Here are two street scenes from Halifax town centre taken at about the same time, probably in the 1940s, judging from the motor vehicles and the pedestrians’ clothing.
Certainly it was taken after 1939, because the tram lines have gone from Commercial Street (left) and tram services ended in that year.
What is remarkable about both photos – the other is taken from the top of King Edward Street, of course – is how little has really changed between then and now, 60 or 70 years on.
On a sunny day the old shop blinds were on display; you almost never see them these days.
There is much less traffic on Commercial Street than you would expect today and, of course, the carriageway remains as built, long and straight, before the recent reconfiguration which narrowed the highway, widened the pavements and introduced curved sections, presumably to bring variety to the geometry.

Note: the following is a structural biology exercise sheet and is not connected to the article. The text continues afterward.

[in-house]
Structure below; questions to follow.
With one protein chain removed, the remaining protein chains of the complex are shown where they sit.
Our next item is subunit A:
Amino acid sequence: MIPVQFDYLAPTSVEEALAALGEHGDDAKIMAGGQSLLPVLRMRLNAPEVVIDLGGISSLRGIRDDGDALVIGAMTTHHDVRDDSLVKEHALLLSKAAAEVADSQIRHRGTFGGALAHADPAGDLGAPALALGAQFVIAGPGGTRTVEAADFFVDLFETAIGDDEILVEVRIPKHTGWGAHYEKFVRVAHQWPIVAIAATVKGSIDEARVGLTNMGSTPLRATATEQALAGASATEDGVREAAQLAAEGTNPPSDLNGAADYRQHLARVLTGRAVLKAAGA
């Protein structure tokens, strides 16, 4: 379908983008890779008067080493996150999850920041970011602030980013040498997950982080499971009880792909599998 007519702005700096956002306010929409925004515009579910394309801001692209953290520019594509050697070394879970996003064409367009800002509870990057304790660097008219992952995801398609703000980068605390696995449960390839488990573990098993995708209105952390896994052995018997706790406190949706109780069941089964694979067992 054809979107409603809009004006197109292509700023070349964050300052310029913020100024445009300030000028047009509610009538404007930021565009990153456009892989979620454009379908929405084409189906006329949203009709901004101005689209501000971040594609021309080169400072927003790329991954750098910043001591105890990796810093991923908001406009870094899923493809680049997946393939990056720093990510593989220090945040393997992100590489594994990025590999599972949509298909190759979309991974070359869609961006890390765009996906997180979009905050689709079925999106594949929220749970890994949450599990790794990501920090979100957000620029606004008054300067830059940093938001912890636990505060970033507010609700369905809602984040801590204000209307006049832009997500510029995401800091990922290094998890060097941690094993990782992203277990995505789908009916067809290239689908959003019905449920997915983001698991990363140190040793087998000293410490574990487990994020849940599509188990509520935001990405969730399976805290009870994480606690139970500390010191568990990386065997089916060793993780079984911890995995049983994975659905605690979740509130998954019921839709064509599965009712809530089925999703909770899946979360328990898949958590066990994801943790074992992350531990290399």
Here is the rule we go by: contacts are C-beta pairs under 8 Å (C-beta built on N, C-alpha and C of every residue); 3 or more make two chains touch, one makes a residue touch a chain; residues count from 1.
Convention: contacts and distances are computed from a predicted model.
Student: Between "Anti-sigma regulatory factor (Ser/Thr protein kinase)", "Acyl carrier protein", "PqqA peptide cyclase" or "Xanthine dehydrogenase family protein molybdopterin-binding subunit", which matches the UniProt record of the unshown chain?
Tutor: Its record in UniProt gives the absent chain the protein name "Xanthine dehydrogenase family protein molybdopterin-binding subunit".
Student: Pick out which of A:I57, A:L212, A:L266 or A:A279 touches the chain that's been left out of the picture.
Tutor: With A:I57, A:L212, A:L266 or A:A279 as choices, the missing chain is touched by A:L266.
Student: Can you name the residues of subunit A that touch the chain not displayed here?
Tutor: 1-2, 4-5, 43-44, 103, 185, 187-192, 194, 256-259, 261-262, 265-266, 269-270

But the buildings are barely changed.
In Commercial Street you can just glimpse part of the sign, bottom right, advertising Webster’s famous but now long gone cafe, at the junction with Silver Street, but otherwise there has been no visible rebuilding along the entire street between the camera and Ward’s End.
In King Edward Street it’s pretty much the same.
Beyond the Halifax Building Society headquarters you can just glimpse the art-deco building that was later replaced by a five-storey office block variously used by the council’s education department and the Halifax itself.
Across the street, on the left, are still the buildings which once housed the Arcade Royale, though the arcade is, of course,long gone, replaced with shops and a pub.